The timeless tale of Ebeneezer Scrooge finding his humanity again in Charles Dickens’ A Christmas Carol has been done to death so much at this point that Hollywood no longer is beating a dead horse, but beating the reminds of a once majestic creature until it turns to dust and joins the Earth. After looking at what version to cover (lord, help me), I decided to go for one that takes the story, applies it to someone else and makes it fresh once again. Thank Santa Christ that Scrooged was made.
Adapted from the classic tale, this modernized (for it’s time) version takes a look at Frank Cross (Bill Murray), a greedy television executive more focused on television ratings and himself than those around him. This includes his long lost love Claire Philips (Karen Allen), his assistant Grace Cooley (Alfre Woodard), his brother James (John Murray, his real life brother) and the weird Bob Crachett for this evening Elliot Loudermilk (Bobcat Goldthwait). As the story goes, he gets a visit from his old mentor Lew Hayward (John Forsythe) and is visited by three ghosts:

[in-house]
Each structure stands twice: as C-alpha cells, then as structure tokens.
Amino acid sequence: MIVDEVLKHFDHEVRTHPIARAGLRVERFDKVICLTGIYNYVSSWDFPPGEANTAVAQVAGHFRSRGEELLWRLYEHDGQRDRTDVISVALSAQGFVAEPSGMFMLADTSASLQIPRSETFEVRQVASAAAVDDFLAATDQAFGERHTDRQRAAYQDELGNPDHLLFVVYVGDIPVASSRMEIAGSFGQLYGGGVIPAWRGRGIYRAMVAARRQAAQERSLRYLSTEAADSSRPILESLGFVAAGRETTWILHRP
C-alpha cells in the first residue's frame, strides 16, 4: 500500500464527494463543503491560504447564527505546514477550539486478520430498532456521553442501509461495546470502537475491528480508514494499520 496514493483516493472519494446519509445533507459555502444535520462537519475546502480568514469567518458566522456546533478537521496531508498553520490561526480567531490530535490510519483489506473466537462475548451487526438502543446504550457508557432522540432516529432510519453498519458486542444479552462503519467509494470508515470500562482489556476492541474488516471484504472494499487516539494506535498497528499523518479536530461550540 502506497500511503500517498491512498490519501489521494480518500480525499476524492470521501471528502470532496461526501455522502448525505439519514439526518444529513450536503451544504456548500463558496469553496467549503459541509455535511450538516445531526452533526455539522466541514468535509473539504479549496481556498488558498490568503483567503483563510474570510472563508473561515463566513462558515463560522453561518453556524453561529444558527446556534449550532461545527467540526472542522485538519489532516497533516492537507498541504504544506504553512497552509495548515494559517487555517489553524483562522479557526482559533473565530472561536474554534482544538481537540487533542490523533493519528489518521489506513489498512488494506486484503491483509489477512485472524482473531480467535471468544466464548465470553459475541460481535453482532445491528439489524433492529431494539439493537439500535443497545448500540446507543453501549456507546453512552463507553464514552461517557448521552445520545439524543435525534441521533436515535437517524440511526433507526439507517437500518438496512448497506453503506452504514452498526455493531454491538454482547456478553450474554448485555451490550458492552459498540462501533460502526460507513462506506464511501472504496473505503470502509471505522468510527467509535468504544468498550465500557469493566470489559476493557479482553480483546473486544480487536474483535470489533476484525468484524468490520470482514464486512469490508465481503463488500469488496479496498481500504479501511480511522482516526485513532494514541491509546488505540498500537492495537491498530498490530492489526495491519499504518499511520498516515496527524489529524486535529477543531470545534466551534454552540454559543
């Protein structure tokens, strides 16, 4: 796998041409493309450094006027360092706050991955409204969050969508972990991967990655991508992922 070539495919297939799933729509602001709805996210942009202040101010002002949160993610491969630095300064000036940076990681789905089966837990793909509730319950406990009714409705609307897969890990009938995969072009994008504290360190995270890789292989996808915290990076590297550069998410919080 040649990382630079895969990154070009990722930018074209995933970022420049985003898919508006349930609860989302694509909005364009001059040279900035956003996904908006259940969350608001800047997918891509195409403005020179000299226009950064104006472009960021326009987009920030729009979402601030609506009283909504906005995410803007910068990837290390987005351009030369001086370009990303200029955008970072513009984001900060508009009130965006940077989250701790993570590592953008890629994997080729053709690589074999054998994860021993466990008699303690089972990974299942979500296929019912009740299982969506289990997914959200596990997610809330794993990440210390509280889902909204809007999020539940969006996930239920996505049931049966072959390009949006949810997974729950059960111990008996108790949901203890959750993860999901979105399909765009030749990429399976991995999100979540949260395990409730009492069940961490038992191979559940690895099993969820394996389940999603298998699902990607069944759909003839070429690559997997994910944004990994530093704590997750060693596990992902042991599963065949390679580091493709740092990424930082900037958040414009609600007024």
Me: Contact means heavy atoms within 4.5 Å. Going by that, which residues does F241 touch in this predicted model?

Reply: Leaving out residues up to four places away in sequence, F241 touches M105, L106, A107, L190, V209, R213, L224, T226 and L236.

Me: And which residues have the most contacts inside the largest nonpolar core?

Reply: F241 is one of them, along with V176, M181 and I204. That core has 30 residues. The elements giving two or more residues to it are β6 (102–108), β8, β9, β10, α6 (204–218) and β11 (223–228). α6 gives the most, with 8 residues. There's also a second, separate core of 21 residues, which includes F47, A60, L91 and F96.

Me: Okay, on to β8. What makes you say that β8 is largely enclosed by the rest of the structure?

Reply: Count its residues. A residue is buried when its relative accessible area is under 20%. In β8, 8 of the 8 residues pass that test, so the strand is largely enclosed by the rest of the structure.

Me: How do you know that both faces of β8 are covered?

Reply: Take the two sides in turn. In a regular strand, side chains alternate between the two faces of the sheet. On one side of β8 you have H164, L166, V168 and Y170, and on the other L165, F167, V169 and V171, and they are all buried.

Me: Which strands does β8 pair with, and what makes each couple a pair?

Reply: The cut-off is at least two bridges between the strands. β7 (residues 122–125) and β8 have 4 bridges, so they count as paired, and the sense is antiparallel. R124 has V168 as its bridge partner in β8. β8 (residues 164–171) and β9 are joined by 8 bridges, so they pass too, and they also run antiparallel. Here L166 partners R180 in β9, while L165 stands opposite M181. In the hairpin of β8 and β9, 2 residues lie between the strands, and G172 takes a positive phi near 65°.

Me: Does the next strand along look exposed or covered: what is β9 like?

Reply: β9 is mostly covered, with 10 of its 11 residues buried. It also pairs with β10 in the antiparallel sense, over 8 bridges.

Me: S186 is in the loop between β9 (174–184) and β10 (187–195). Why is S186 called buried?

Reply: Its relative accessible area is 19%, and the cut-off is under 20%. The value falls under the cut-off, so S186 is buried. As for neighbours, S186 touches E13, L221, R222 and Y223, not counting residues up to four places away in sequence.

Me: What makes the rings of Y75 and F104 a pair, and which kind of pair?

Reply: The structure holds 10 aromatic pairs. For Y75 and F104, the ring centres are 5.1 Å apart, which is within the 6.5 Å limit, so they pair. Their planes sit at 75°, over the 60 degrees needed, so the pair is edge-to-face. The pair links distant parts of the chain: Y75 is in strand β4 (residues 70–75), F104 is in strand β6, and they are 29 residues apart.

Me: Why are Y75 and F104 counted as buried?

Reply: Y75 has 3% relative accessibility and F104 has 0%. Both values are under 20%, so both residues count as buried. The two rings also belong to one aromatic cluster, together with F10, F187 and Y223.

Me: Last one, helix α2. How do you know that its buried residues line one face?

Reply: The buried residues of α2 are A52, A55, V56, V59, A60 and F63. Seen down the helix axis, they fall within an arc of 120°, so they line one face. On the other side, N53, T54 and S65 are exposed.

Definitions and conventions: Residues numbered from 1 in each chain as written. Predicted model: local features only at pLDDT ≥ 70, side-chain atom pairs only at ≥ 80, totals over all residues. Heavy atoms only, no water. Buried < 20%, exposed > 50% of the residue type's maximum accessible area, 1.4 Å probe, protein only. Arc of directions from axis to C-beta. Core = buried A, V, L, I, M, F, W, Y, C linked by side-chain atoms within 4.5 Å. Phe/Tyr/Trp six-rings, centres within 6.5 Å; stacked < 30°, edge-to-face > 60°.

- The Ghost of Christmas Past (David Johansen) as a New York City cabbie taking him back to his childhood and his old relationship with Claire.
- The Ghost of Christmas Present (Carol King) as a magic pixie who shows Frank’s present version of Christmas
- The Ghost of Christmas Yet to Come that shows Frank his terrifying future.
If you know the story by now, you’ve practically seen the movie, but that’s where it would be a tremendous loss to lump this with the others.
Scrooged is, pardon my language, fuckin’ incredible. The humor is quick-witted and smart with moments of dark humor. From the opening with an amped-up action set piece sets the tone of the madcap comedy to come. It leads to great moments of slapstick from Goldthwait making a fool of himself and Carol King smacking the crap out of Murray. Murray is as dry in his humor as ever and it’s beautiful. He delivers sarcastic wit and lines with ease. Murray also gives this movie heart alongside Woodard and Allen. Woodard subplot with her not getting a raise from Frank is quite disheartening as you fell for her. In Murray and Allen’s case, the way they sell their current state and past relationship is touching. The chemistry between the two is sweet and remarkable. Allen is also just plain adorable as hell. The film succeeds in everything a great comedy should. It breathes life into a tired story and makes it fun again.
Scrooged is fantastic all around that is a classic that will put a little love into your heart.